Not sure what to think of this one. I enjoyed the gentle pace and small town setting of the first two volumes, but suddenly there are warring secret gNot sure what to think of this one. I enjoyed the gentle pace and small town setting of the first two volumes, but suddenly there are warring secret government agencies, a Russian zombie carrying a mad scientist's brain in a jar, a ghostly superhero possessing the body of a main character, side trips to Rio and a zombie apocalypse to boot. It feels like too much, too soon. Still lots of fun though....more
Roberson and Allred are having a lot of fun with iZombie. The pop culture references come thick and fast in this volume: there are panels mimicking ScRoberson and Allred are having a lot of fun with iZombie. The pop culture references come thick and fast in this volume: there are panels mimicking Scooby Doo, 50s horror comics and Casper the Friendly Ghost. I was a lukewarm about Michael and Laura Allred's art and colours in my review of iZombie #1, but they're growing on me. Gilbert Hernandez guest pencilled an issue too....more
I initially passed over iZombie when I saw it at my local library, partly because I'm suffering from zombie fatigue and partly because of the groan inI initially passed over iZombie when I saw it at my local library, partly because I'm suffering from zombie fatigue and partly because of the groan inducing name, but after reading mostly positive reviews I decided to give it a shot. I'm pleased that I did, because iZombie is a smart, fun comic.
It's really Chris Roberson's story that really makes the comic work for me. The setting he's created reminds me of True Blood - a small town that unbeknownst to most of its inhabitants is home to vampires, werewolves (a were-Terrier at any rate), ghosts, mummies and of course a zombie. Not at all the shambling zombie story I was expecting. Gwen, the titular zombie, is hip and cynical, and it's a real pleasure to hang out in her world.
Some reviewers have complained that the story moves too slowly, and if I had to wait a month between instalments I might feel the same way, but reading iZombie in a collected volume the story zips along. I actually appreciated the fact that Roberson takes some time to introduce his characters and set the scene rather than ploughing straight into the action.
Mike Allred's pencils are at times brilliant, but sometimes feel rushed. Laura Allred's colouring is solid, but nothing to rave about. Good colouring should convey the tone of a scene, in the same way color grading is used in film. JD Mettler's colors for Ex Machina are a perfect example. Allred's color treatments for iZombie don't vary much from scene to scene, so although they don't detract from the art they don't lift it to a new level either.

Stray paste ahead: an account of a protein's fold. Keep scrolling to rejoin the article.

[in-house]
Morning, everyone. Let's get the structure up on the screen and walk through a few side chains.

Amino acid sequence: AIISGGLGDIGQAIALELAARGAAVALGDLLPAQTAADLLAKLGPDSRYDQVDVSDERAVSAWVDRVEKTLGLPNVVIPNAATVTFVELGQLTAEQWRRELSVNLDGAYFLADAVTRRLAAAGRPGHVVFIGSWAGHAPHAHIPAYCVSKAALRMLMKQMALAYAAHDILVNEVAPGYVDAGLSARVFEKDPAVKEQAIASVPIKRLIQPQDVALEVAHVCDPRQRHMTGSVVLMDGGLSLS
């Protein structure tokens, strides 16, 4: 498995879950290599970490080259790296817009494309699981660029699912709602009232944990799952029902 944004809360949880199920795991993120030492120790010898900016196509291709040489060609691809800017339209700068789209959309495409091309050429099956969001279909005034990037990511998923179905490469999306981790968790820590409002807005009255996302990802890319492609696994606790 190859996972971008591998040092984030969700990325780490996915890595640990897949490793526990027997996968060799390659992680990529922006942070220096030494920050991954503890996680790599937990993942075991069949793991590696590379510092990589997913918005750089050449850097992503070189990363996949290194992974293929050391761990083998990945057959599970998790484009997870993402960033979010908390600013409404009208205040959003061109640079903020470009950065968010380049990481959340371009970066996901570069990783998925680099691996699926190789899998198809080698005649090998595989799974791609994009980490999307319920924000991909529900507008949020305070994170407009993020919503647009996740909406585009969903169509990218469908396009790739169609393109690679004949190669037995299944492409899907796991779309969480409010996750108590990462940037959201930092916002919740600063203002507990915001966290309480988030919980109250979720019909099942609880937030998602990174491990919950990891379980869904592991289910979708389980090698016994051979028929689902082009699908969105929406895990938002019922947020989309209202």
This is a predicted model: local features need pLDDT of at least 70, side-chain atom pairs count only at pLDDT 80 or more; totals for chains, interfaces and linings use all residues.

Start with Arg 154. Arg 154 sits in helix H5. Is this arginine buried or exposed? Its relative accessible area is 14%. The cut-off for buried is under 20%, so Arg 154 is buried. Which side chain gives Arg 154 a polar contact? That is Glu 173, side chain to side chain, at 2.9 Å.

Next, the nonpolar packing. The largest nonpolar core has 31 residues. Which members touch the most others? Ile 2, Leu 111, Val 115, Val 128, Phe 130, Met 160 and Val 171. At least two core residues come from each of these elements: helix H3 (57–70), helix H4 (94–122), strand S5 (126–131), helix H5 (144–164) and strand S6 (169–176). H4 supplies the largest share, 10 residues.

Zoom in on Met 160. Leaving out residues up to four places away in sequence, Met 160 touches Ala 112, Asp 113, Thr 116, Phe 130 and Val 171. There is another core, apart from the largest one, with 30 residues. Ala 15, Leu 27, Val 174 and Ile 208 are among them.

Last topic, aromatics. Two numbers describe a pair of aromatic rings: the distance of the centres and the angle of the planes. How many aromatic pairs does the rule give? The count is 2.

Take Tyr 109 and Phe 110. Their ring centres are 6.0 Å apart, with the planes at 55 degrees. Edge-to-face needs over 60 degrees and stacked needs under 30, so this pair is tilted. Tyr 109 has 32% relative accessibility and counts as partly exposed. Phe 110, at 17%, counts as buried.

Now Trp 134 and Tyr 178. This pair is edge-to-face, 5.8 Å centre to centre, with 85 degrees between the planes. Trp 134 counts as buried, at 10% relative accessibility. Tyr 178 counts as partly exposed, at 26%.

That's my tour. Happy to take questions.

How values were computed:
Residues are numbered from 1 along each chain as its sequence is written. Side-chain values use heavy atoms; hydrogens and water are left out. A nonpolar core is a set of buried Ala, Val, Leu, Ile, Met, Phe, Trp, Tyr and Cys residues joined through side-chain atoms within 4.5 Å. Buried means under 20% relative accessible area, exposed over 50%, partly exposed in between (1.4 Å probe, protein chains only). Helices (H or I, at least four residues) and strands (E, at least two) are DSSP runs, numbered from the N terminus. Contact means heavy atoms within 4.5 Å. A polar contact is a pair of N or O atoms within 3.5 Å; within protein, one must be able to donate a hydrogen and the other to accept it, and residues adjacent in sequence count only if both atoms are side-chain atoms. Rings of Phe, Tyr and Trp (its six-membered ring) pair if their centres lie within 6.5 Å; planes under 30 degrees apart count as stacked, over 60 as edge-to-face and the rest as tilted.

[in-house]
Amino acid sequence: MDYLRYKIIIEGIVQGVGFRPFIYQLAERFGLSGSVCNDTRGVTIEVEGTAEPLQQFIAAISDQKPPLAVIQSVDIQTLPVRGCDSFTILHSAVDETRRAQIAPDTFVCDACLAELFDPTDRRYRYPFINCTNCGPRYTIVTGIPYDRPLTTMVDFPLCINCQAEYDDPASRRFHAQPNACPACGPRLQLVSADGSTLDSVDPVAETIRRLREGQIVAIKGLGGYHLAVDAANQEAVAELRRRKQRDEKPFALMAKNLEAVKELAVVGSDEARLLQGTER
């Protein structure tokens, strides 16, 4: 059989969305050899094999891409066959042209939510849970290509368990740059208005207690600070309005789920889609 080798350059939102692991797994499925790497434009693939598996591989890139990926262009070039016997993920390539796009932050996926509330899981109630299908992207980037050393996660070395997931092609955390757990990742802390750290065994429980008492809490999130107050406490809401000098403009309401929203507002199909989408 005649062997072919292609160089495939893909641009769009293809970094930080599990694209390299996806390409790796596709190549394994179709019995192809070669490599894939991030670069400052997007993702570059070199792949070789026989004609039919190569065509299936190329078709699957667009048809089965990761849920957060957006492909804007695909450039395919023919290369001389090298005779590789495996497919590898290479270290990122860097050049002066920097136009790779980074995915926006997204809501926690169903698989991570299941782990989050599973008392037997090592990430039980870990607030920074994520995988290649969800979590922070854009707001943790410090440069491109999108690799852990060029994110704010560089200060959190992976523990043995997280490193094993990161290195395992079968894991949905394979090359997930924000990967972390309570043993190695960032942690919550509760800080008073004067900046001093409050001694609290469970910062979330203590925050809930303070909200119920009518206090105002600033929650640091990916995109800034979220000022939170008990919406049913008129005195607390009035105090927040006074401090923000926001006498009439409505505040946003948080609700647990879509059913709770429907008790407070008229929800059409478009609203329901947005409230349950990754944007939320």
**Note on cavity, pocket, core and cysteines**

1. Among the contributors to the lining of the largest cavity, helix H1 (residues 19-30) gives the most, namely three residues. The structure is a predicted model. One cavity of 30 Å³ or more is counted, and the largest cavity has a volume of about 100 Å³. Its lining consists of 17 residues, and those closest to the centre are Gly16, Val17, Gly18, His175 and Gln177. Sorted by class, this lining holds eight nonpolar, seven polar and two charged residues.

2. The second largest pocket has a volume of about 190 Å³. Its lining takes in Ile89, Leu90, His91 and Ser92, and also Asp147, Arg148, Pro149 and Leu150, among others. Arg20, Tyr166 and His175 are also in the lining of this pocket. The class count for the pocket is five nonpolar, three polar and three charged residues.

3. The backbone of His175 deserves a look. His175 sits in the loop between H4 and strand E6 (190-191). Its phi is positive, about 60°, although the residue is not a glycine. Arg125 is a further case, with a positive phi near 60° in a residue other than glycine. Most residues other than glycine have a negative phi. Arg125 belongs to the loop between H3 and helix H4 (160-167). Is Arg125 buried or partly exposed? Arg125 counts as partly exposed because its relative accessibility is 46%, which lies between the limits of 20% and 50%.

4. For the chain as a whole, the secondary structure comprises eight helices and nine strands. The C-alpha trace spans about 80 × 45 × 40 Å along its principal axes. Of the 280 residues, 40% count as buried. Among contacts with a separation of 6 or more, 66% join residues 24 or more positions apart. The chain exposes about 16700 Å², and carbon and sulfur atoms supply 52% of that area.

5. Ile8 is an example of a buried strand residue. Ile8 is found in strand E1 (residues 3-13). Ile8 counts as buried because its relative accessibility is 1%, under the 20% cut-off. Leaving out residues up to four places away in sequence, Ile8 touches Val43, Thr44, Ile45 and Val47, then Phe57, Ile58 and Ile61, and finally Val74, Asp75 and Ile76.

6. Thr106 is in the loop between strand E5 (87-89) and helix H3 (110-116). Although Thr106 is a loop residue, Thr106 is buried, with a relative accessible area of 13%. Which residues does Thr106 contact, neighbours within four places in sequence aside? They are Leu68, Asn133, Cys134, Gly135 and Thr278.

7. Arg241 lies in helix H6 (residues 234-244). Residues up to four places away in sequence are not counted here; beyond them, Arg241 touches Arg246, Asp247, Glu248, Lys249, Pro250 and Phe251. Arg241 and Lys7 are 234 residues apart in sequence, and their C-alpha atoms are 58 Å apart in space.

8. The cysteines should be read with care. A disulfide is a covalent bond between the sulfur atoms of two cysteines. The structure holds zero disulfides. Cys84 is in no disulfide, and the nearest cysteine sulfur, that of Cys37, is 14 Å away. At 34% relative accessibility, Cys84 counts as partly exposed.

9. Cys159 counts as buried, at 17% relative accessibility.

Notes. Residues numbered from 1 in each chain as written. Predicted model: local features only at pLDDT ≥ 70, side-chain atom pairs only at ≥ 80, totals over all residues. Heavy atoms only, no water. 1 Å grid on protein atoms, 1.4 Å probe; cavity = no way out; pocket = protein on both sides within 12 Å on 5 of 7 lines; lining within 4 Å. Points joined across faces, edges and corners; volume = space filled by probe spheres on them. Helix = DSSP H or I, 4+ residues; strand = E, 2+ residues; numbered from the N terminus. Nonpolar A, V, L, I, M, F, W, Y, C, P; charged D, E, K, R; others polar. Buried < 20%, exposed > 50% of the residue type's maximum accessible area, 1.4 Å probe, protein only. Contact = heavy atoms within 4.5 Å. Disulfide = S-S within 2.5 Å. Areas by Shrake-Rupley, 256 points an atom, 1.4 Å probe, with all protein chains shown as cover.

All in all a solid 3.5 stars, which I'm bumping up to a 4 in anticipation of the next volume.
I have to admit that what really attracted me to The News: A User's Manual was the beautiful design by Katrina Wiedner. The hard cover copy I picked uI have to admit that what really attracted me to The News: A User's Manual was the beautiful design by Katrina Wiedner. The hard cover copy I picked up from my library is a joy to behold. The writing on the other hand I had to slog through.
De Botton is constantly referencing classical art and literature, holding it up as an example of what the news should aspire to be. Instead of being instructive, this nostalgia for the past sets up a high art / low culture dichotomy that comes across as elitist and idealistic.
I wholeheartedly agree that we need to learn to navigate the news effectively in our age of information overload, but it seems misplaced to imagine that things would be better if "Tolstoy, Flaubert or Sophocles were in the newsroom". If it's literary journalism we need, don't long form essays, magazines and specialist books already fulfil that role?
De Botton's light philosophical enquiry into the the news is entertaining enough, but for my money an examination of the political and cultural forces behind the news (a la Noam Chomsky) would have added weight to his analysis. Someone who enjoys philosophy more than me will probably find more to enjoy about The News: A User's Manual....more
**spoiler alert** Scar Tissue starts strong, with a whirlwind account of Anthony Kiedis' misspent childhood, highlights of which include smoking weed**spoiler alert** Scar Tissue starts strong, with a whirlwind account of Anthony Kiedis' misspent childhood, highlights of which include smoking weed at 11, losing his virginity to his father's girlfriend at 13, clubbing with Keith Moon and sharing a bed with Cher. Predictably the fun times quickly degenerate into a treadmill of drug binges and rehab stints, which gets tiresome to read about after a while.
It might have helped if Kiedis had expanded his narrative to include more about the lives of the people close to him instead of documenting his own drug habit so diligently. It is disconcerting that in a 450 page book Kiedis only spends one page reflecting on the death of his best friend and founding Chilli Pepper, Hillell Slovak, from a drug overdose. For comparison, an anecdote about dressing up as a Spice Girl gets the same amount of attention. I guess that's a reflection of Scar Tissue's linear "this happened, then that happened, then another thing happened" narrative style.
Despite these flaws I found myself rooting for Kiedis to rise above his addiction and find some peace. Scar Tissue may not be an earth shattering story of redemption, but it is a satisfying distraction, and the insight into The Red Hot Chilli Peppers' personnel changes and song writing process is fascinating for a sometime fan such as myself....more